short out the spark plugs one at a time. The noise
will be greatly reduced when the piston in the
cylinder that is responsible is not delivering
Piston-pin knock is identified more as a
metallic double-knock rather than a regular
clicking sound like that heard in valve and tappet
noise. In addition, it is most noticeable during idle
with the spark advanced. A check can be made
by idling the engine with the spark advanced and
then shorting out the spark plugs. Piston-pin noise
coming from a cylinder will be reduced somewhat
when the spark plug for that cylinder is shorted
out. Causes of this noise are a worn or loose
piston-pin, a worn bushing, and a lack of oil.
Piston-ring noise is also similar to valve and
tappet noise since it is identified by a clicking,
snapping, or rattling sound. This noise is most
noticeable on acceleration. Low-ring tension,
broken or worn rings, or worn cylinder walls will
produce this sound. To avoid confusing this sound
with other engine noise, make the following test:
remove the spark plugs and add an ounce or two
of heavy engine oil to each cylinder. Crank the
engine for several revolutions to work the oil
down past the rings. Replace the spark plugs and
start the engine, If the noise has decreased, it is
probable that the rings are at fault.
Piston slap may be detected by a hollow, bell-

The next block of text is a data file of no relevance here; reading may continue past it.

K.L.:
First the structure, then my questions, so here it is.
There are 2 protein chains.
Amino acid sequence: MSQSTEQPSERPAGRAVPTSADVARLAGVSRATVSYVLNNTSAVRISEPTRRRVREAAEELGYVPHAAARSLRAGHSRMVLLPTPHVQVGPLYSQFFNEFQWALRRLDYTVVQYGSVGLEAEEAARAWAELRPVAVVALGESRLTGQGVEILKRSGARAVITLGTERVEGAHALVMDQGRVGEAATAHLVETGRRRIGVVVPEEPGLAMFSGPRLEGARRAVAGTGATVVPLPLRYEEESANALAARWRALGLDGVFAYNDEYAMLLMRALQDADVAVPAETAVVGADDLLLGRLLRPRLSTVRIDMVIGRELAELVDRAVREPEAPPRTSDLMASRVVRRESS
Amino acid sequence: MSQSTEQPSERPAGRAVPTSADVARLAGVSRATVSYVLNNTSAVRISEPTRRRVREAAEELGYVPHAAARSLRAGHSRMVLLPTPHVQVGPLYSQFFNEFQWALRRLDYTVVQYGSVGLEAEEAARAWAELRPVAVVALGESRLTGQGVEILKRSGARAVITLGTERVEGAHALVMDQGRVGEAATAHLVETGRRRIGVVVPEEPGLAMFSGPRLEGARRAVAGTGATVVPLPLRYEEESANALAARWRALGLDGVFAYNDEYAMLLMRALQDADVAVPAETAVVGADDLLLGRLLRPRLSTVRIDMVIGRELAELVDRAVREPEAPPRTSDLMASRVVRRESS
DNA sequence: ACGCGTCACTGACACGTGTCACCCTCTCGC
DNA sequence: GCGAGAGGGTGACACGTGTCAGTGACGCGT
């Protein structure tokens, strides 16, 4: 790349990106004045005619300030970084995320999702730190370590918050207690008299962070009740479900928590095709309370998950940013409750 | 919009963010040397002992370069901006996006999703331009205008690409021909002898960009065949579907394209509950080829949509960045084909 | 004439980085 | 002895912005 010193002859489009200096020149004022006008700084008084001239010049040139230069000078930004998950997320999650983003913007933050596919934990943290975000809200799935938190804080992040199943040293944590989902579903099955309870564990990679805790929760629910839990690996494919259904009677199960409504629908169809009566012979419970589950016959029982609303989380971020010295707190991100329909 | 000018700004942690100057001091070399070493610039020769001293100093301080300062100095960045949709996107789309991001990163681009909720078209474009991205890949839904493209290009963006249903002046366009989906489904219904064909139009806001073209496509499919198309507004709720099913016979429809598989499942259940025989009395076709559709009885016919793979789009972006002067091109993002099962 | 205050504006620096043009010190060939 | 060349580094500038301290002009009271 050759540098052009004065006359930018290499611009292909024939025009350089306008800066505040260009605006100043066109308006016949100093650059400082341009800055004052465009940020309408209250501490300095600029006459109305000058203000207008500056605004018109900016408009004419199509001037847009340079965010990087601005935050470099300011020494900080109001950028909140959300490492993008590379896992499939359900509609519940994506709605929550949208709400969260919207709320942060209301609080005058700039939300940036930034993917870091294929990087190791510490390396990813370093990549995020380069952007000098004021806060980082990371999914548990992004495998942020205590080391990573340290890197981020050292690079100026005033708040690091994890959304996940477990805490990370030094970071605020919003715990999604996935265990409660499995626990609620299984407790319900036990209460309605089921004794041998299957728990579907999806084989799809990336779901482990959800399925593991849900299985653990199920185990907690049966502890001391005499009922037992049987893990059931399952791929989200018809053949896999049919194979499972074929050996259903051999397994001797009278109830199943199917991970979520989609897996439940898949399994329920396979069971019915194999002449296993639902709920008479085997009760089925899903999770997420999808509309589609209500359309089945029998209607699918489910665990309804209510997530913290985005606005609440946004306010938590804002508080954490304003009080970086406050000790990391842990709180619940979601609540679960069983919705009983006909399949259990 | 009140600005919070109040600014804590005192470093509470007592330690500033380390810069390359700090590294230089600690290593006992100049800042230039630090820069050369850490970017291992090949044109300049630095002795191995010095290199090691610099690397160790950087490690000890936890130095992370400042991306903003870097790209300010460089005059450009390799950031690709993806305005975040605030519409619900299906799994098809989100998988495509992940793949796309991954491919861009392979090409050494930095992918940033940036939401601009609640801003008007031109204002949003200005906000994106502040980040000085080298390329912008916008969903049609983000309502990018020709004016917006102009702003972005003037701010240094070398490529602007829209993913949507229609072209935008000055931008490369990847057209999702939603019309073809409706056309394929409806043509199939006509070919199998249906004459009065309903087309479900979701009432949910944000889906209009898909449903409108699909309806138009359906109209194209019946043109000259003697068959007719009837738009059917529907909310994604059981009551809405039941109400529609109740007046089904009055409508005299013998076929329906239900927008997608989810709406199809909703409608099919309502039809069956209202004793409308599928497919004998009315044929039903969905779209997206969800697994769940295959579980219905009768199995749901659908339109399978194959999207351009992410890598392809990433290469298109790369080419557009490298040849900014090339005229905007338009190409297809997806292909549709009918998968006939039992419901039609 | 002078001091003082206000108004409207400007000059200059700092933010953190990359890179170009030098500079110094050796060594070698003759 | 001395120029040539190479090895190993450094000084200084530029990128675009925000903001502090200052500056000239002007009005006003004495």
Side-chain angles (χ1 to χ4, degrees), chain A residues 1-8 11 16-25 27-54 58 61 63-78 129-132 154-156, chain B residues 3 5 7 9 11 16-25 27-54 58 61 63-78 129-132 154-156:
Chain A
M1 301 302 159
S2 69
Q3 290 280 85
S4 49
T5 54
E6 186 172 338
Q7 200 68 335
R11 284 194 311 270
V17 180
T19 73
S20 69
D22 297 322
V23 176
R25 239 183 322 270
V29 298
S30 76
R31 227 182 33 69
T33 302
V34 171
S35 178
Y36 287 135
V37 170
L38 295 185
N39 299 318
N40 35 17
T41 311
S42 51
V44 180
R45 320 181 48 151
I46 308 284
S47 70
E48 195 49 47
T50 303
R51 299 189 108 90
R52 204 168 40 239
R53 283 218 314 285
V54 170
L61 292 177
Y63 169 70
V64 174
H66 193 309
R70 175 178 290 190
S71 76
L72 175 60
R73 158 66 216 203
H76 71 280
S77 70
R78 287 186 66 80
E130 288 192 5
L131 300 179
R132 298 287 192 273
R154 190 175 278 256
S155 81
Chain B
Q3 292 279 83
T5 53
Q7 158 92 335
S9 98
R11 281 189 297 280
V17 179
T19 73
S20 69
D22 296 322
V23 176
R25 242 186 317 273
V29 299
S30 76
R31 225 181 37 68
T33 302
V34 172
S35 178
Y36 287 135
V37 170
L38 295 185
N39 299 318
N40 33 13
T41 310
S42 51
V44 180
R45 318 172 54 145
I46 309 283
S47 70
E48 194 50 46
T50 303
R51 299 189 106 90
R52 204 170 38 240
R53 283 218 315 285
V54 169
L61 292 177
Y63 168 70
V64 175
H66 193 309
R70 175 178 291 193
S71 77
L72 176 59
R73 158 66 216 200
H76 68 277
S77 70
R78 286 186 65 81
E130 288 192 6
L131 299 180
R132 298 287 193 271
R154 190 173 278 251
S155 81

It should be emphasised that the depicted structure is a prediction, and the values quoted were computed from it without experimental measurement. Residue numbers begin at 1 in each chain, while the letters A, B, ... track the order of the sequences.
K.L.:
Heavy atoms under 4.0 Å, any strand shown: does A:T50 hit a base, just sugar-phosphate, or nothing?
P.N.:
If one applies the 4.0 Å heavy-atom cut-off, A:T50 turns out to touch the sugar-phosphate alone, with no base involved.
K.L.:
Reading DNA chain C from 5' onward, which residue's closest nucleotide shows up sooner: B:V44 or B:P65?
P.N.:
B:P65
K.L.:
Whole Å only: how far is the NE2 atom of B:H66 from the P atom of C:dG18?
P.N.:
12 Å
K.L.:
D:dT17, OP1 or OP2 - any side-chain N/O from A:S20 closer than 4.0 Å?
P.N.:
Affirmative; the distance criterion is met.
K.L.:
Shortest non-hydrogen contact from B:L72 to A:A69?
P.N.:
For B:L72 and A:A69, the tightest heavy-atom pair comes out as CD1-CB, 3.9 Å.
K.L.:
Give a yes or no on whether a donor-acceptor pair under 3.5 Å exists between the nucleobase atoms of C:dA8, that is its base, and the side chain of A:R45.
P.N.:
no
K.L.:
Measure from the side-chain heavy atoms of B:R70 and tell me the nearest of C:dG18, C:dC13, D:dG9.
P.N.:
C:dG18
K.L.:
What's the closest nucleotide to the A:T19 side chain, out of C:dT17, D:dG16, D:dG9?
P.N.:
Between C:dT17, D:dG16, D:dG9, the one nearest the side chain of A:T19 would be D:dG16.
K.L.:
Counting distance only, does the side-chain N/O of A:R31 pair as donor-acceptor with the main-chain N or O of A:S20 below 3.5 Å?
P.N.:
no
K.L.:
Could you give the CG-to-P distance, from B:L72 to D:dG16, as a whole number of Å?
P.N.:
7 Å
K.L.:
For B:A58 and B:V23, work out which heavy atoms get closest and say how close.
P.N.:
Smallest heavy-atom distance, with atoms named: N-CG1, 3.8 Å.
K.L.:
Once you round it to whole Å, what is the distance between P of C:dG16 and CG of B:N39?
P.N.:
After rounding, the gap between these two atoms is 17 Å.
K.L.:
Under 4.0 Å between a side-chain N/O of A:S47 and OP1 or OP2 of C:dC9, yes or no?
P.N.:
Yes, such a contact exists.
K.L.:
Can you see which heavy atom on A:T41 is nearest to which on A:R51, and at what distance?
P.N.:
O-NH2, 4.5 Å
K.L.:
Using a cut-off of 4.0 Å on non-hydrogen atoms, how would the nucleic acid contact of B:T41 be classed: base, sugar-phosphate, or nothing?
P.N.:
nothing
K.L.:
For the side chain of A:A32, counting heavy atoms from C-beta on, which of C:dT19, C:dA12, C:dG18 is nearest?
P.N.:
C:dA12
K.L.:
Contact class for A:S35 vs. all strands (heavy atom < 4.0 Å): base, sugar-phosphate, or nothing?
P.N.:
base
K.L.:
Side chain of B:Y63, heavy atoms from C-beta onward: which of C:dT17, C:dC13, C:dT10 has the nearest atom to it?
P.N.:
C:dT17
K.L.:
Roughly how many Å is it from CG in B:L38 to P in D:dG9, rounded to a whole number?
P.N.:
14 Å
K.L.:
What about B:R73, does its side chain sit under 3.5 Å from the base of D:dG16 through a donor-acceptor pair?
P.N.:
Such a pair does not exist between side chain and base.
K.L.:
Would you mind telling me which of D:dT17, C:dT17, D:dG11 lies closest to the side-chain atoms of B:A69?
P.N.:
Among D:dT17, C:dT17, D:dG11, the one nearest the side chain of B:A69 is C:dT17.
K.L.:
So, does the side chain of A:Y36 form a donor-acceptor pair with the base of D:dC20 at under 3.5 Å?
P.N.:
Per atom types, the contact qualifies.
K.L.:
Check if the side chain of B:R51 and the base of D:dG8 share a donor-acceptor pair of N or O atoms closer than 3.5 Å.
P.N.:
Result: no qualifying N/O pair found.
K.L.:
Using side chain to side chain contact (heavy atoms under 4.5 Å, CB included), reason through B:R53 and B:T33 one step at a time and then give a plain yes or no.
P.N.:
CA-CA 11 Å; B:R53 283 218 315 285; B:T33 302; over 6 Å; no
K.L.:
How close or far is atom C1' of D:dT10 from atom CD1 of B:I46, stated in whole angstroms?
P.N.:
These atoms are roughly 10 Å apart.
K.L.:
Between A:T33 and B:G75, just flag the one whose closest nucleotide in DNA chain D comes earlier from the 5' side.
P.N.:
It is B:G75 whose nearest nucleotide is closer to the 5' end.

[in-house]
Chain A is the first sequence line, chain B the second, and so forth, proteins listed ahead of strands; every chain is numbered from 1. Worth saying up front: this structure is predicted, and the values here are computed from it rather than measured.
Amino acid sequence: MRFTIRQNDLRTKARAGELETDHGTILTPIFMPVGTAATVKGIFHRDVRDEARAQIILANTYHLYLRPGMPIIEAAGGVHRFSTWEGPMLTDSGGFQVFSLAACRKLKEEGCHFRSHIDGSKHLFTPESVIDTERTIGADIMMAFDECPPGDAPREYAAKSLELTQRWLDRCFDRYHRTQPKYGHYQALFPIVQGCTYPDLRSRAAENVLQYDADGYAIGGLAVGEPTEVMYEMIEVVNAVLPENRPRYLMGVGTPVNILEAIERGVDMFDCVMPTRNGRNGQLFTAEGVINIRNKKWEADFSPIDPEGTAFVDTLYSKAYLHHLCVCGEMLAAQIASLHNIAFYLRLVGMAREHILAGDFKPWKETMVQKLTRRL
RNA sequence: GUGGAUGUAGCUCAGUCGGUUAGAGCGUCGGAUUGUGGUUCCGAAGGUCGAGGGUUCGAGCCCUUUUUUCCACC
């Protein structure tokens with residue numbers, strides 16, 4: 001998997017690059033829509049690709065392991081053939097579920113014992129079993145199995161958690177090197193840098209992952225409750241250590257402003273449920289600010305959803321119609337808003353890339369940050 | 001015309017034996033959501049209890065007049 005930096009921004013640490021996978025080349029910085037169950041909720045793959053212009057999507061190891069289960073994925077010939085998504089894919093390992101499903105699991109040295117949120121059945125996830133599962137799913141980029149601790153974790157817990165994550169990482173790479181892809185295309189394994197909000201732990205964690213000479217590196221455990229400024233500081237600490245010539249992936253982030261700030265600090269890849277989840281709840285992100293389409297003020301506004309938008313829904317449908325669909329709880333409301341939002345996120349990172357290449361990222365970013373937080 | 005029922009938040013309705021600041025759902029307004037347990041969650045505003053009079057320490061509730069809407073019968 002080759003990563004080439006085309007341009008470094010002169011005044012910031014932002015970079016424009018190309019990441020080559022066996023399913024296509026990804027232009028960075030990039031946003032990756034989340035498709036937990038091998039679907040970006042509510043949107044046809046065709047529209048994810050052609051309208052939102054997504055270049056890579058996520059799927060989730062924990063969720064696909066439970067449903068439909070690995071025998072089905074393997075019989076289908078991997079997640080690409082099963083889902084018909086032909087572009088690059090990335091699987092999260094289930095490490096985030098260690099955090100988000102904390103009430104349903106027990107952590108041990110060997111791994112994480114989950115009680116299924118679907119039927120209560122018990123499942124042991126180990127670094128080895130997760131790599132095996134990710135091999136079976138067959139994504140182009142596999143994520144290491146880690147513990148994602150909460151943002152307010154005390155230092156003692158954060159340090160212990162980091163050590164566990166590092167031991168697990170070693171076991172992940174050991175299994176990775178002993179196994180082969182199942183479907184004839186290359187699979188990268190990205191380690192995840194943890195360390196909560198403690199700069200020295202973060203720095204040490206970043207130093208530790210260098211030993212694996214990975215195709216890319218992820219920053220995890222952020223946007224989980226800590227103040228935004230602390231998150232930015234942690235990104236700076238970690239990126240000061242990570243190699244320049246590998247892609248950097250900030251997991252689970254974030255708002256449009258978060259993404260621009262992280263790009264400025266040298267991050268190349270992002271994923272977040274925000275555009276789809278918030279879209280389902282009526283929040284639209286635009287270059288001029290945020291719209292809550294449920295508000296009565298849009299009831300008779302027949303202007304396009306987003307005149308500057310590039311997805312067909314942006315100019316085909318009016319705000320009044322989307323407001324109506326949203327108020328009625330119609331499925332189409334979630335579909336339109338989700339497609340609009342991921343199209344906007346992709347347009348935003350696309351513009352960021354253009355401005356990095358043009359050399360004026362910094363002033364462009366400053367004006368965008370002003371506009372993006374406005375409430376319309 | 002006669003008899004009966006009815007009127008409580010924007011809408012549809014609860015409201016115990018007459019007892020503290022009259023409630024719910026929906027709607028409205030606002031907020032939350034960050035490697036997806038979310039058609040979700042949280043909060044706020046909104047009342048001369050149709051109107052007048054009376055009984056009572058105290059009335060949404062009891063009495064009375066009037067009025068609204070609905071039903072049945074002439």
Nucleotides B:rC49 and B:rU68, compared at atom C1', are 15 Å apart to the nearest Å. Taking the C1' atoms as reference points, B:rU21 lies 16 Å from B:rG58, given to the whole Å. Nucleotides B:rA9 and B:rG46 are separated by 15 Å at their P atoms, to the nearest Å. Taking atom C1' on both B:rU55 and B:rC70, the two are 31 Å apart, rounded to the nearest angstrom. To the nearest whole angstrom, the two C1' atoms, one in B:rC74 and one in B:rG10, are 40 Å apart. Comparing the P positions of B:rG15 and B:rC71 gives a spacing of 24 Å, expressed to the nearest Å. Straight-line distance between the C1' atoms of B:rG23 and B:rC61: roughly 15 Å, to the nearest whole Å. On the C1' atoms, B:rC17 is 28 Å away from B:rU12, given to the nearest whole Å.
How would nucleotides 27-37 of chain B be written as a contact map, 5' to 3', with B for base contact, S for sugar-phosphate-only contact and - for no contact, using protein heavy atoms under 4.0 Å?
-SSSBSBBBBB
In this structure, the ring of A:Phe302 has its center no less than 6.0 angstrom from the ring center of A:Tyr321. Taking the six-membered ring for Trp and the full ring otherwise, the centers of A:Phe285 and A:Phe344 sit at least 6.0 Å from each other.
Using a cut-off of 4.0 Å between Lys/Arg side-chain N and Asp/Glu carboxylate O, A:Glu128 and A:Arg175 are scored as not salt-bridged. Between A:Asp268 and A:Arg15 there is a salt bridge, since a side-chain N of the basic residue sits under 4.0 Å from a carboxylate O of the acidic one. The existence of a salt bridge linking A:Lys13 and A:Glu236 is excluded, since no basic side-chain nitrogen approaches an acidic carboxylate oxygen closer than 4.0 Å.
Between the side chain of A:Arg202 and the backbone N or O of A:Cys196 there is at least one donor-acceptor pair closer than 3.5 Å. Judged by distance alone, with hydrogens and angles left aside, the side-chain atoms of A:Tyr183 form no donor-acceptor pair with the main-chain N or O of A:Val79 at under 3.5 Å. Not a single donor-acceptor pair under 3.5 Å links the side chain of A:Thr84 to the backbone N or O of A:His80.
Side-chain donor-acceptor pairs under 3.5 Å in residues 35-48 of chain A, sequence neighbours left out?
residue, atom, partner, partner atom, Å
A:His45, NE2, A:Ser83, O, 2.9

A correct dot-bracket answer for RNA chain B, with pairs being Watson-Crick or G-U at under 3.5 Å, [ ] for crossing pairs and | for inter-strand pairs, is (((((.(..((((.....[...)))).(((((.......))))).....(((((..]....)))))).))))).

like knock and is due to the rocking back and
forth of the piston in the cylinder. If the slap
occurs only when the engine is cold, it is probably
not serious. However, if it occurs under all
operating conditions, a further examination is
called for. The slap can be caused by worn
cylinder walls, worn pistons, collapsed piston
skirts, or misaligned connecting rods.
Crankshaft knock is a heavy, dull, metallic
knock that is noticeable when the engine is under
load or accelerating. When the noise is regular,
it can be contributed to worn main bearings.
When irregular and sharp, the noise is probably
due to worn thrust bearings.
In most shops, the Navy provides accurate and
dependable testing equipment. But having the
testing equipment in the shop is NOT enough. The
supervisor and the crew must know how to use
this equipment since proper use provides the
quickest and surest means of finding out what is
wrong and where the fault lies.
Four of the most widely used testing instru-
ments are the cylinder compression tester, vacuum
gauge, cylinder leakage tester, and tachometer.
As you have learned, engine power results
from igniting a combustible mixture that has been
compressed in the combustion chamber of an
engine cylinder. The tighter a given volume of fuel
mixture is squeezed in the cylinder before it is
ignited, the greater the power developed. Unless
approximately the same power is developed in
each cylinder, the engine will run unevenly. The
cylinder compression tester (fig. 3-9) is used to
measure cylinder pressure in psi, as the piston
moves to TDC on the compression stroke.
By measuring compression pressures of all
cylinders with a compression gauge, then
comparing them with each other and with the
manufacturers specifications for a new engine,
you get an accurate indication of engine condition.
The compression pressures in the different
cylinders of an engine may vary as much as 20
pounds. The variation is caused largely by the lack
of uniformity in the volume of the combustion
chamber. It is nearly impossible to make all the
combustion chambers in a cylinder head exactly
the same size. For example, in a given engine with
Figure 3-9.Cylinder compression tester.